Time is a strange beast. As far as we know it always appears to go forward although strange things start to occur in the presence of gravity. Indeed if you synchronized two atomic clocks together then took one of them on a trip around the world with you by the time you got back they’d be wildly out of sync, more than they ever could be through normal drift. This is part of Einstein’s theory of general relativity where time appears to speed up or slow down due to the differing effects of gravity on the two objects which results in time dilation. This effect, whilst so vanishingly small as to be inconsequential in day to day life, becomes a real problem when you want to tell super accurate time, to the point where a new atomic clock might be worthless for telling the time.

Sr-lattice-optical-atomi-clock_optMost atomic clocks in the world use a caesium atom to tell time as they transition between two states with an exact and measurable frequency. This allows them to keep time with incredible precision, to the point of not losing even a second of time over the course of hundreds of millions of years. Such accurate time keeping is what has allowed us to develop things like GPS where accurate time keeping allows us to pinpoint locations with amazing accuracy (well, when it’s not fuzzed). However a new type of atomic clock takes accuracy to a whole new level, being able to keep time on the scale of billions of years with pinpoint precision.

The Strontium Optical Atomic Clock comes from researchers working at the University of Colorado and can hold perfect time for 5 billion years. It works by suspending strontium atoms in a framework of lasers and then giving them a slight jolt, sending the atoms oscillating at a highly predictable rate. This allows the researchers to keep time to an incredibly precise level, so precise in fact that minor perturbations in gravity fields have a profound impact on how fast it ticks. As it turns out Earth is somewhat of a gravitational minefield thanks to the tectonic plates under its surface.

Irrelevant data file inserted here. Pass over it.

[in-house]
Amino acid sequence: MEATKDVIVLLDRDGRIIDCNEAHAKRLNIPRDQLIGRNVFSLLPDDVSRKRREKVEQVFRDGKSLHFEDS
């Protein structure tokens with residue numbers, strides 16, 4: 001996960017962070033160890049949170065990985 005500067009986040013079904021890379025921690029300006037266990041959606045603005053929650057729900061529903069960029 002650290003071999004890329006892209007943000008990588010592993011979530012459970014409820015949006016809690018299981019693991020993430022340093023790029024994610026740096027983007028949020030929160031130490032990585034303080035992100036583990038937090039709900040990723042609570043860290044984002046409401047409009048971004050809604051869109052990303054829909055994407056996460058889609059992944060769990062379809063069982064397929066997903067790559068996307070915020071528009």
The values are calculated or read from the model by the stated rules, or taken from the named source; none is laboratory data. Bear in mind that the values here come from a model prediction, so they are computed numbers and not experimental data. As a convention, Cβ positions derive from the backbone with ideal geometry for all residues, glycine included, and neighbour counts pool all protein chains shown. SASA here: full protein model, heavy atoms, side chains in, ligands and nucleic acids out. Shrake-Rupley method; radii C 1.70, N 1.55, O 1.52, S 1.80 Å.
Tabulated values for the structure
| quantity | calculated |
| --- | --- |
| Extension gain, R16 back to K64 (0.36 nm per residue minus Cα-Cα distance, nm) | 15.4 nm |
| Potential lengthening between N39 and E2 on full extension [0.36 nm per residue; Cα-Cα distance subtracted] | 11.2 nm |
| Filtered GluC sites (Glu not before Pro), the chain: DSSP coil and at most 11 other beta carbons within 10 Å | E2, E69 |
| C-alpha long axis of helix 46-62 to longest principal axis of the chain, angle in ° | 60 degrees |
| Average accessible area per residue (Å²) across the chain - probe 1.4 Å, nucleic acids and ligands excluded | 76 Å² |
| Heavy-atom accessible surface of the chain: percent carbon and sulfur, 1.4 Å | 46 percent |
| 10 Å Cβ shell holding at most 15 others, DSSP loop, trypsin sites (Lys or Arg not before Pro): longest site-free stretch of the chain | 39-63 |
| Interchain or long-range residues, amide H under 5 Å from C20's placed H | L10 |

You see the further away you are from the Earth’s core the weaker its gravitational pull is and thus time passes just a little bit faster the further away you get. For us humans the difference is imperceptible, fractions of a fraction second that would barely register even if you found yourself floating billions of kilometres away in almost true 0g. However for a time instrument as sensitive as the one the researchers created minor changes in the Earth’s makeup greatly influence its tick rate, making accurate time keeping an incredibly difficult job. Indeed the researchers say that these clocks are likely to only be able to truly useful once we put one in space, far beyond the heavy gravitic influences that are found here on Earth.

It’s amazing that we have the ability to create something like this which throws all our understanding and perceptions around such a common and supposedly well understood phenomenon into question. That, for me, is the true heart of science, uncovering just how much we don’t know about something and then hunting down answers wherever they may lie. Sure, often we’ll end up having more questions when we come out of the end of it but that’s just a function of the vastness of the universe we live in, one that’s filled with ceaseless wonders that we’re yet to discover.


About the Author

David Klemke

David is an avid gamer and technology enthusiast in Australia. He got his first taste for both of those passions when his father, a radio engineer from the University of Melbourne, gave him an old DOS box to play games on.

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